Hurtado: God in NT Theology (3) The Spirit of God

Chapter 4 of Larry Hurtado’s book God in New Testament Theology is on ‘The Spirit and God in the NT’

A big point he makes repeatedly in this chapter is that “God” for the early Christians is not an abstract idea to be contemplated but someone to be experienced.

And that experience comes in and through an encounter with the Spirit of God.

In their lives and worship, the almighty and transcendent God was immediately present.

The experienced reality of God, through the Spirit, is an eschatological foretaste of a future reality. There is a tangible and vibrant sense of expectation and excitement in the NT that the visible sign of the Spirit’s presence is ushering in this new age to come.

“The rich bestowal of the Spirit is both consequence and signal of the inauguration of eschatological redemption” (82)

[A laudable desire to ‘rediscover’ this visible experience has, to a large degree, lain behind the rise of the Pentecostal and charismatic movements in the 20thCentury.]

This frequent reference to the Spirit in the NT has a number of distinctive aspects:

– Far greater frequency of use than in the OT

– Reflecting an intense experience of the Spirit in the NT church

– The Spirit is the “power” of God given to believers

– The Spirit is “holy” – distinct from human or any other beings

– The Spirit is regularly and normally experienced by believers;

o   Received; poured out; filled; the Spirit ‘falls upon’ believers; is sent forth by God; mediates God’s immense love to believers (Rom 5:5); and is the medium in which believers are ‘baptised’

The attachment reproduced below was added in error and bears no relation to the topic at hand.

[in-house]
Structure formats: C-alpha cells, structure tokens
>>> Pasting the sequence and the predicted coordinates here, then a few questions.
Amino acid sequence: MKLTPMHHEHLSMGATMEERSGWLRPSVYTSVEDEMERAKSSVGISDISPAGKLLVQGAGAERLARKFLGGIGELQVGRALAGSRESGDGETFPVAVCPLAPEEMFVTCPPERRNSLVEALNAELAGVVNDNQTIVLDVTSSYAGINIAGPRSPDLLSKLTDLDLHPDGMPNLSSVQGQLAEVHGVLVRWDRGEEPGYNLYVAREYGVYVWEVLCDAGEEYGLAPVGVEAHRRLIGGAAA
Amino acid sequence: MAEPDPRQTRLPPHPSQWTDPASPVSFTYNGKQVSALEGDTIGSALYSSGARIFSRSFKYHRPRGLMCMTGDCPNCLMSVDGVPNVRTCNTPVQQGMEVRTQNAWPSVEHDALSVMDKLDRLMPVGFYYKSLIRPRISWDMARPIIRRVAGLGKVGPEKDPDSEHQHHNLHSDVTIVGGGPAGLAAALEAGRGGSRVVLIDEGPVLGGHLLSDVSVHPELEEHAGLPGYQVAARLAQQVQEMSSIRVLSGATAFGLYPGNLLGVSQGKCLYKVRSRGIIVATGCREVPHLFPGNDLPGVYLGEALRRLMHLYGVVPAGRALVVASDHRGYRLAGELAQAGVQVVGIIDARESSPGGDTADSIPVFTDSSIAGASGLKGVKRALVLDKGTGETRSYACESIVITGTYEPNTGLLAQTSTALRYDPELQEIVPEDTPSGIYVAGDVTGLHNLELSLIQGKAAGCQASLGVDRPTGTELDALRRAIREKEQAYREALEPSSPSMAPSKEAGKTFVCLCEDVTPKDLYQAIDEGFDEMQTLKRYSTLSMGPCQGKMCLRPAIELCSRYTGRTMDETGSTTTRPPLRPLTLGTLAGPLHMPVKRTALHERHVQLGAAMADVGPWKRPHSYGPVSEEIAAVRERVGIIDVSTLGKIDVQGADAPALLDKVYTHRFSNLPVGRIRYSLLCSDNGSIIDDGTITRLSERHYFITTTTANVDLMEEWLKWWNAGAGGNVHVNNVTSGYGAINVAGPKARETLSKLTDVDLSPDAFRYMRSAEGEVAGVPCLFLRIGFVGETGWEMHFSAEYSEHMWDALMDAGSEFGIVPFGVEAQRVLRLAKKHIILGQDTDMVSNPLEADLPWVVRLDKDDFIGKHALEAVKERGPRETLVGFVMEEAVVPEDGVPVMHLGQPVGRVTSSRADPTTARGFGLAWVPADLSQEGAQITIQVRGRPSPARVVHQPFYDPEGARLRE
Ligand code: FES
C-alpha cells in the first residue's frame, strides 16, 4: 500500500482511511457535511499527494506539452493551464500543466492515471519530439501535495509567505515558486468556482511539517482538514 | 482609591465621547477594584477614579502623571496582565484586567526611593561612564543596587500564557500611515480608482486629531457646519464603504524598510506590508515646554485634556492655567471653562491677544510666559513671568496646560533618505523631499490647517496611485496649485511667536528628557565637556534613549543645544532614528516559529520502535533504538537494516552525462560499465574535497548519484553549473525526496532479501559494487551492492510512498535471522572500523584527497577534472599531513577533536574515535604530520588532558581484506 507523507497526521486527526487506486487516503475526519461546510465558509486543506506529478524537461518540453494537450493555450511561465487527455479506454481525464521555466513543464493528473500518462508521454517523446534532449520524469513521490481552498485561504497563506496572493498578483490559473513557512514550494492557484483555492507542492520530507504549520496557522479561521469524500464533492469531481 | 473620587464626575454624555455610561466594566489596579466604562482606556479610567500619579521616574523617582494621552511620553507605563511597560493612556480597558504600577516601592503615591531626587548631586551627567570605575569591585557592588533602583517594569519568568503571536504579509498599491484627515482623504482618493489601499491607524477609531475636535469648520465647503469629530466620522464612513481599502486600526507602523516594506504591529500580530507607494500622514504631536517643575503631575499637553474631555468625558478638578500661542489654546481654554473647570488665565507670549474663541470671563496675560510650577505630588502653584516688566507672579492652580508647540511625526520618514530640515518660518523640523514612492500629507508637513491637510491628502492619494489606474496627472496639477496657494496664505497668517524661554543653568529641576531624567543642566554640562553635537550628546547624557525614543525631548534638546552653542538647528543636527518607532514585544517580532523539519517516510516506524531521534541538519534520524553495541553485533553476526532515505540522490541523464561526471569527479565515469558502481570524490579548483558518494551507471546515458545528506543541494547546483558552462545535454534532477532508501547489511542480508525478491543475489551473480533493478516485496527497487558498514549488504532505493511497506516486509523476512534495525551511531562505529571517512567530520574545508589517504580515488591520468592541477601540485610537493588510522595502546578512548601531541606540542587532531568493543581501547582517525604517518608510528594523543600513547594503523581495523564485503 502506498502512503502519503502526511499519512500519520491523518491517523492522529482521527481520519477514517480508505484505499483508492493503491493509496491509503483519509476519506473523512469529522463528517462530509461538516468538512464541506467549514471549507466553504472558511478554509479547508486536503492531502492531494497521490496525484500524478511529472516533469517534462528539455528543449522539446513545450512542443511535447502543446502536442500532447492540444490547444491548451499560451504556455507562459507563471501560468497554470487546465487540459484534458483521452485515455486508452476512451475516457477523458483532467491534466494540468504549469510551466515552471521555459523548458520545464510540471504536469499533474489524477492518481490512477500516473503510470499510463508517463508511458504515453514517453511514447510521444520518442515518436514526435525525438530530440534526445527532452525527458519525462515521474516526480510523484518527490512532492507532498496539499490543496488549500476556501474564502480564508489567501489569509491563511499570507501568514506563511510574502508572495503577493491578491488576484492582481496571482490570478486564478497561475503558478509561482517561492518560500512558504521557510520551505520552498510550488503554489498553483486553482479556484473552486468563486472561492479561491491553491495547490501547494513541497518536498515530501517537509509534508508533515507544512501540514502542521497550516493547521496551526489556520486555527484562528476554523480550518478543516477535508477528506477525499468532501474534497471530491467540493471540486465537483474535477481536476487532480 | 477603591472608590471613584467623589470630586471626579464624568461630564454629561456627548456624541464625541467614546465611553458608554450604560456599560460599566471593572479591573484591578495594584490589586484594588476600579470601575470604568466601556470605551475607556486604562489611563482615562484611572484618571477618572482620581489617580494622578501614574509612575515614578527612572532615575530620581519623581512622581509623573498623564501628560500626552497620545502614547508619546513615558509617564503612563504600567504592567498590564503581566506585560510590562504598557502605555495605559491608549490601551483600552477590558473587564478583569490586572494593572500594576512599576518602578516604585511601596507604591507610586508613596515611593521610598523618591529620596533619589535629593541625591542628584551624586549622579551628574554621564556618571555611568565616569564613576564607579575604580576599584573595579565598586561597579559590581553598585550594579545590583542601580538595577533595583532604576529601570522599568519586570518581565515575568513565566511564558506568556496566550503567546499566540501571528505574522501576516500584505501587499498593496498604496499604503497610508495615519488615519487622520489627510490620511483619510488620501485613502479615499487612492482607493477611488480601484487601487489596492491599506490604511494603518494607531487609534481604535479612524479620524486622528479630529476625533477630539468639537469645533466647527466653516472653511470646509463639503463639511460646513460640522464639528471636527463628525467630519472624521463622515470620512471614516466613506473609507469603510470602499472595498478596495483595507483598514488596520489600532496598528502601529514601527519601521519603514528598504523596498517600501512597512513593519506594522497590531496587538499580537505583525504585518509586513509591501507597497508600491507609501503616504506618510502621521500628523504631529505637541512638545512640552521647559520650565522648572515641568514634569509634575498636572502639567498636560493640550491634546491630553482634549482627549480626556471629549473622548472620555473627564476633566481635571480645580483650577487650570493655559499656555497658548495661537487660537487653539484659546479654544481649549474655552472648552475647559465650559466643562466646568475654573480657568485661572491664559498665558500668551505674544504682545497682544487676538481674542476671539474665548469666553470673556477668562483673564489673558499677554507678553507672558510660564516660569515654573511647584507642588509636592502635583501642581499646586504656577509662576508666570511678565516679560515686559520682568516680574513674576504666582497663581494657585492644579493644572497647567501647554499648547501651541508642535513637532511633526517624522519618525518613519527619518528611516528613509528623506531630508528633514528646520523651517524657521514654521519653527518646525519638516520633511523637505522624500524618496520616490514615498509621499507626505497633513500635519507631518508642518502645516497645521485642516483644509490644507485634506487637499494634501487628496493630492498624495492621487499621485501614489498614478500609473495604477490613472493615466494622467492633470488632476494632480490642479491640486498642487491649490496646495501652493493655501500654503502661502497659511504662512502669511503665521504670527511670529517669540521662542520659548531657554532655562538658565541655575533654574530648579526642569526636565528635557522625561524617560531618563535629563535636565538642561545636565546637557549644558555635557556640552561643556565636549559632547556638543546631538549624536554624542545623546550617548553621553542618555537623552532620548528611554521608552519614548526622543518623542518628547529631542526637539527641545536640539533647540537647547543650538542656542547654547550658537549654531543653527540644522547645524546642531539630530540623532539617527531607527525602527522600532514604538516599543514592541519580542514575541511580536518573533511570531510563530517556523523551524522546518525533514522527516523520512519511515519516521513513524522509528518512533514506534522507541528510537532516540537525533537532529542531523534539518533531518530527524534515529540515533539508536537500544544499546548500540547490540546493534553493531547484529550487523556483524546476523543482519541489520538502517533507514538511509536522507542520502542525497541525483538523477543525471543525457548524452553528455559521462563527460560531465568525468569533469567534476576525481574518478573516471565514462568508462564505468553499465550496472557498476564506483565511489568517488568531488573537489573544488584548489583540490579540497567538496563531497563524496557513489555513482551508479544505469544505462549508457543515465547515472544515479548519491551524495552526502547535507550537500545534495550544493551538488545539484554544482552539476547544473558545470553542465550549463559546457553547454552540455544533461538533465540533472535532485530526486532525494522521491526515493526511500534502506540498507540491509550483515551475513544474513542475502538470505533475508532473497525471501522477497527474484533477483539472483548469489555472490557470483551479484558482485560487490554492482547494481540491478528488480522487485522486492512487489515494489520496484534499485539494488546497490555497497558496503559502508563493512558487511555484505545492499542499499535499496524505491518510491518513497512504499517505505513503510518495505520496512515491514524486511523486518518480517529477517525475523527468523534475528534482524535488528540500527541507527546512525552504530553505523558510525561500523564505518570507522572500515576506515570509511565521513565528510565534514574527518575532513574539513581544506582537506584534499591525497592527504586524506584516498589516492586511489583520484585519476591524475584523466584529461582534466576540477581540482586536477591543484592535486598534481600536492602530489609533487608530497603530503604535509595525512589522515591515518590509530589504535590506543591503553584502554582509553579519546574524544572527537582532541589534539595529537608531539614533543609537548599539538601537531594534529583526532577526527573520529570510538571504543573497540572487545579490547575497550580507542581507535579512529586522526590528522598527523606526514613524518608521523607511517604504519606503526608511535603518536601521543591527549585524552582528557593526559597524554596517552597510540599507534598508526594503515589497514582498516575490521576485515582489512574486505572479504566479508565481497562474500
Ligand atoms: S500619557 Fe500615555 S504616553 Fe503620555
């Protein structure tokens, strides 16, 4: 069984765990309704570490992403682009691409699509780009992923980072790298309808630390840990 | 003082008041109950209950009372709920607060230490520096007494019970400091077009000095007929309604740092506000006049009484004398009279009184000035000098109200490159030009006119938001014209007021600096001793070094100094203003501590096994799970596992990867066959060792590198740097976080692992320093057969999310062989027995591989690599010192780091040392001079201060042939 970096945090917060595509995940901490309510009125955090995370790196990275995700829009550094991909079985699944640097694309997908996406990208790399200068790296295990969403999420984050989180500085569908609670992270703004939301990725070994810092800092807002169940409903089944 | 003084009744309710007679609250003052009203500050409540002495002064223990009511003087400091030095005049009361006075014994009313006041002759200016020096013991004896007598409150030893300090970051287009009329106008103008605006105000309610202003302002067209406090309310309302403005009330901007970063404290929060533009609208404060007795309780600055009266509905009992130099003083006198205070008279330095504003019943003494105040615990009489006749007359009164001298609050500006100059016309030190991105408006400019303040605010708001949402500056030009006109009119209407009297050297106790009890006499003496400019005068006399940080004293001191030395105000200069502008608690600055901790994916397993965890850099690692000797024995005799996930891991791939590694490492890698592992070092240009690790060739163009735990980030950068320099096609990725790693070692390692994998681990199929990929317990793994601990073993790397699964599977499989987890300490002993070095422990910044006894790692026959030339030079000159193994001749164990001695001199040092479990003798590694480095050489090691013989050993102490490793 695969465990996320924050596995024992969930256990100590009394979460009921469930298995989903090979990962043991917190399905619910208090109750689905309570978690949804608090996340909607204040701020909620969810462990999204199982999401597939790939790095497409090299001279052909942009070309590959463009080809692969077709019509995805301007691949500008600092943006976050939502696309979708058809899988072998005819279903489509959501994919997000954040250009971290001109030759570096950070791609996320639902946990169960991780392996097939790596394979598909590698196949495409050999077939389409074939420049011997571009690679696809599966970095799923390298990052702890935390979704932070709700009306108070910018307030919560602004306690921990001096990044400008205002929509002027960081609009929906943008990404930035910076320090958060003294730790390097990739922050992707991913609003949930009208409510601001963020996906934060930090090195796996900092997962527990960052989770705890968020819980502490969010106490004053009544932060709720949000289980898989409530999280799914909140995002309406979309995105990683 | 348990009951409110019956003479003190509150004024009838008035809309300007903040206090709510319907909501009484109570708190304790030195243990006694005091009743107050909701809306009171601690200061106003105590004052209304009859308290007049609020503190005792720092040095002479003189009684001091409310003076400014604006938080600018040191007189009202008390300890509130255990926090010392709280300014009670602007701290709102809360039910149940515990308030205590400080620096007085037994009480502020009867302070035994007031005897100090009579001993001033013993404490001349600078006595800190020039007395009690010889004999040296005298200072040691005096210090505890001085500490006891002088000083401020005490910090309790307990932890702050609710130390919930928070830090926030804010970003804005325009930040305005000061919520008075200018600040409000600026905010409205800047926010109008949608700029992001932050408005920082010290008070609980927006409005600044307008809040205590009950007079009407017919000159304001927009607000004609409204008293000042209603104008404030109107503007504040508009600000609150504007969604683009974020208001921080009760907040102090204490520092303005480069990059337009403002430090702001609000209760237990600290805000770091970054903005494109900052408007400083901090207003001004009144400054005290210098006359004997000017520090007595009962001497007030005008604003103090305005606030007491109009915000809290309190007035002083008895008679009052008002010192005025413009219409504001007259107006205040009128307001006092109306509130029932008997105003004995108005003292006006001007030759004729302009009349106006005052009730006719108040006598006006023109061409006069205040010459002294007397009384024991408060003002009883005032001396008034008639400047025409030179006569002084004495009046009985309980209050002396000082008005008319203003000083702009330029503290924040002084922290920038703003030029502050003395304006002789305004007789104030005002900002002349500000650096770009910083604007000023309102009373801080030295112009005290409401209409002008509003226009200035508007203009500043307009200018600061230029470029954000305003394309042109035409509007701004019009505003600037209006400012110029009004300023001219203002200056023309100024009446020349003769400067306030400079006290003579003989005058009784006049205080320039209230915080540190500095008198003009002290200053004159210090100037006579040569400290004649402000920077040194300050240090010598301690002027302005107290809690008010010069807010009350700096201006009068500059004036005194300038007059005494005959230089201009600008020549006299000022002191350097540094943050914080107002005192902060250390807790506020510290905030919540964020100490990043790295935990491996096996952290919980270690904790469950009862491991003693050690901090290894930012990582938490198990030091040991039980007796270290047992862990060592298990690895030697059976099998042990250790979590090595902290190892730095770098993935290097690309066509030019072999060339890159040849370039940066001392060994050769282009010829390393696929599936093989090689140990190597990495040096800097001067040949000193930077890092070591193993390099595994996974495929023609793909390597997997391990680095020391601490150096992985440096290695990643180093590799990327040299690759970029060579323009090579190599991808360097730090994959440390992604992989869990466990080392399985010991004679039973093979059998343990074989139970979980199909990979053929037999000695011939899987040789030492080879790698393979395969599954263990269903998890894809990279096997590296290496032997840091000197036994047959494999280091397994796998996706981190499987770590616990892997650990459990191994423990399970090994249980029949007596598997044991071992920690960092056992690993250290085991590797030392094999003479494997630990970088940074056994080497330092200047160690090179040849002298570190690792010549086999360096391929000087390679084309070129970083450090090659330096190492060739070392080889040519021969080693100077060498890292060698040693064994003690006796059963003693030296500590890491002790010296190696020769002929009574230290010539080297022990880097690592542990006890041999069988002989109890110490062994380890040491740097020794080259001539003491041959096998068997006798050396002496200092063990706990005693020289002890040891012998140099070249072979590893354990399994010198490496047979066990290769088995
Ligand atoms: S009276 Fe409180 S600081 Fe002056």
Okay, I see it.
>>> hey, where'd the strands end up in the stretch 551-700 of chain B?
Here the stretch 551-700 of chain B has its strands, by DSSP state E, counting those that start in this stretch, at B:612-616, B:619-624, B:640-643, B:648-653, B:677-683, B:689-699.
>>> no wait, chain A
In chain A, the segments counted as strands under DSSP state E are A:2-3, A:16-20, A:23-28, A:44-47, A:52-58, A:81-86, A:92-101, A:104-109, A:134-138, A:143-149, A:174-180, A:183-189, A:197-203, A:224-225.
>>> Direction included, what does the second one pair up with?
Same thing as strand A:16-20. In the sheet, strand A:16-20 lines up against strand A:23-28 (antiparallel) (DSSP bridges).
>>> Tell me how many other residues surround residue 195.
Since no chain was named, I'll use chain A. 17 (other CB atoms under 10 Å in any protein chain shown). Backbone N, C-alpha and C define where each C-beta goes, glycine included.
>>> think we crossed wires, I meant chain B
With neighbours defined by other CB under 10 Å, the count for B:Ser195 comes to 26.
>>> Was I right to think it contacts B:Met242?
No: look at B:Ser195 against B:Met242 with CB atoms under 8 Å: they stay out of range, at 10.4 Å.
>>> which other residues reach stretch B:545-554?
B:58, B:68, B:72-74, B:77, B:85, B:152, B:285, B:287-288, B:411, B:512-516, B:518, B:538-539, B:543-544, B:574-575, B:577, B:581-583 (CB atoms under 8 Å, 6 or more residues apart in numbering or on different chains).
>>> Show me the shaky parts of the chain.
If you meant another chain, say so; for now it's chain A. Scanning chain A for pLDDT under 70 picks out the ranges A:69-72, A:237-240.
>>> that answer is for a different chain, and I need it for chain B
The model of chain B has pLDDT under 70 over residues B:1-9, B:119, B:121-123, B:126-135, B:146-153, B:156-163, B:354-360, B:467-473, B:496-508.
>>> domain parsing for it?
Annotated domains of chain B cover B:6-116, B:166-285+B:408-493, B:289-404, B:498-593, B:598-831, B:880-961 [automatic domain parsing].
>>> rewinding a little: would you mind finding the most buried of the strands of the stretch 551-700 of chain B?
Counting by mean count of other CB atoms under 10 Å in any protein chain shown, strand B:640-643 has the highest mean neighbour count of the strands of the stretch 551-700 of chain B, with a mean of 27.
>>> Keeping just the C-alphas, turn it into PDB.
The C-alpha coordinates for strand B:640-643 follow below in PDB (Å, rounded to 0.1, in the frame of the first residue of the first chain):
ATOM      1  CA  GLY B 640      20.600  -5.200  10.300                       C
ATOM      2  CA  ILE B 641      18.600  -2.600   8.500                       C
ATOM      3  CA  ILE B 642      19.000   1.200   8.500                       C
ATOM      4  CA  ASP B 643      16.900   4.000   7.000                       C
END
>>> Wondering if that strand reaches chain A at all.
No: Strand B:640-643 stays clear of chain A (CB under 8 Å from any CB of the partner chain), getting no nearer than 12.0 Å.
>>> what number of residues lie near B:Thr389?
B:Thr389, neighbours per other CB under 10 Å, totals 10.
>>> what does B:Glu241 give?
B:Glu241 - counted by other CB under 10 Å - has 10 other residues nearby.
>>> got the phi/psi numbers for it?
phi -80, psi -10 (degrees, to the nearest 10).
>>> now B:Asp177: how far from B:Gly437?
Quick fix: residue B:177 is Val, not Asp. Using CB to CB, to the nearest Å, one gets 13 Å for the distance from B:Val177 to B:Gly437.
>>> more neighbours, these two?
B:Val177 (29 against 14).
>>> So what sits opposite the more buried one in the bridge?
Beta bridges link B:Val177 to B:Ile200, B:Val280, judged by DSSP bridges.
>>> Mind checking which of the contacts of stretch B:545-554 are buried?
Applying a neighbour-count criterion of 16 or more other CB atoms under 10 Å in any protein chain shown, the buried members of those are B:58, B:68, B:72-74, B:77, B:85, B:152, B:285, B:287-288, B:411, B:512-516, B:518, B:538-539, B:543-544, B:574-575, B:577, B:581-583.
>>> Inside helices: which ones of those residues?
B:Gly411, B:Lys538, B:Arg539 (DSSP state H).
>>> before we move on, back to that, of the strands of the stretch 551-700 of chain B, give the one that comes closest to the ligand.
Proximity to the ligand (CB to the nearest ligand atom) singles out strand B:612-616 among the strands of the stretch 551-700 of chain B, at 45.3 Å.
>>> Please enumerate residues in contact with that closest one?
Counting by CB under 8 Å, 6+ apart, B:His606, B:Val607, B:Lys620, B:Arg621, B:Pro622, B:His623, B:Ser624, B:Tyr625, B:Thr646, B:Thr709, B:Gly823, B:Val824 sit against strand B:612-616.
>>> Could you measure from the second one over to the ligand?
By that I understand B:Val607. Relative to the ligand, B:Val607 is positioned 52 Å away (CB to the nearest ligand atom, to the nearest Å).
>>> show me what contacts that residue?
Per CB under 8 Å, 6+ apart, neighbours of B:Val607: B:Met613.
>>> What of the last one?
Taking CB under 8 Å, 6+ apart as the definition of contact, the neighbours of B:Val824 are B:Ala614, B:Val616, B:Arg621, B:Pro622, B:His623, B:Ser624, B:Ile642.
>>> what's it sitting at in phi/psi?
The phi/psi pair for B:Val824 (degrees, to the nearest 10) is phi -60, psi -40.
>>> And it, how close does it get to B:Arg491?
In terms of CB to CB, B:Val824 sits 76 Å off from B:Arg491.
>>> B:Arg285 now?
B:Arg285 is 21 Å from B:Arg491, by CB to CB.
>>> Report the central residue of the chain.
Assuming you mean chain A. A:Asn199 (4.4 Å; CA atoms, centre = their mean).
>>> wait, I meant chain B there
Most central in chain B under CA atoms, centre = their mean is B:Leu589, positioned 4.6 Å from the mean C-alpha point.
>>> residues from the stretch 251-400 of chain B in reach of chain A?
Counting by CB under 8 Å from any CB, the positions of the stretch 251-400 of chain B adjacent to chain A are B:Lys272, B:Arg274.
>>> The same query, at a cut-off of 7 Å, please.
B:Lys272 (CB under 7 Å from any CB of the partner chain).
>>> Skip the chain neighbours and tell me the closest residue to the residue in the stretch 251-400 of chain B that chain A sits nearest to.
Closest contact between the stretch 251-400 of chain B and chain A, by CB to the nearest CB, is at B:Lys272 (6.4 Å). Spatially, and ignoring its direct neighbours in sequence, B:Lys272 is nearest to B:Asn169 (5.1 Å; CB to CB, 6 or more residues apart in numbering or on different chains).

o   The Spirit empowers believers to live a transformed moral life

o   The Spirit is an agency of revelation

o   The Spirit is a source of gifts such as prophecy etc

An Open Question

In the NT “there is a tangible and vibrant sense of expectation and excitement that the visible sign of the Spirit’s presence is ushering in this new age to come”

If a church (or individual) is at a place where they long for or desire to experience more of God’s Spirit, both inwardly and outwardly, how do they ‘go forward’? What needs to happen? Or is even asking such questions betraying an assumption that the Spirit can be controlled?

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2 thoughts on “Hurtado: God in NT Theology (3) The Spirit of God

  1. A willingness to repent. Plain. And. Simple. I don’t mean that some great, heinous sin has to be present, only that for the Spirit of God to be free to move, we have to be willing to bend, yield, and change. We have to be willing to let Him “wreck” us.

    Our longing for the Spirit to move in and through us has to be accompanied by a deep commitment to let him challenge our assumptions, our motives, and our habits–and I believe he’ll take as much room as we give him.

  2. Hi Crystal, I like that last line. Makes sense of so much in the NT that talks of our active participation with God: to seek righteousness, obey God’s word, follow the Lord, pursue ‘things above’, pray, ask God’s help to overcome temptation, resist ‘the flesh’, do good, flee from evil, provide good growing conditions for the fruit of the Spirit, love God, love neighbour … etc etc

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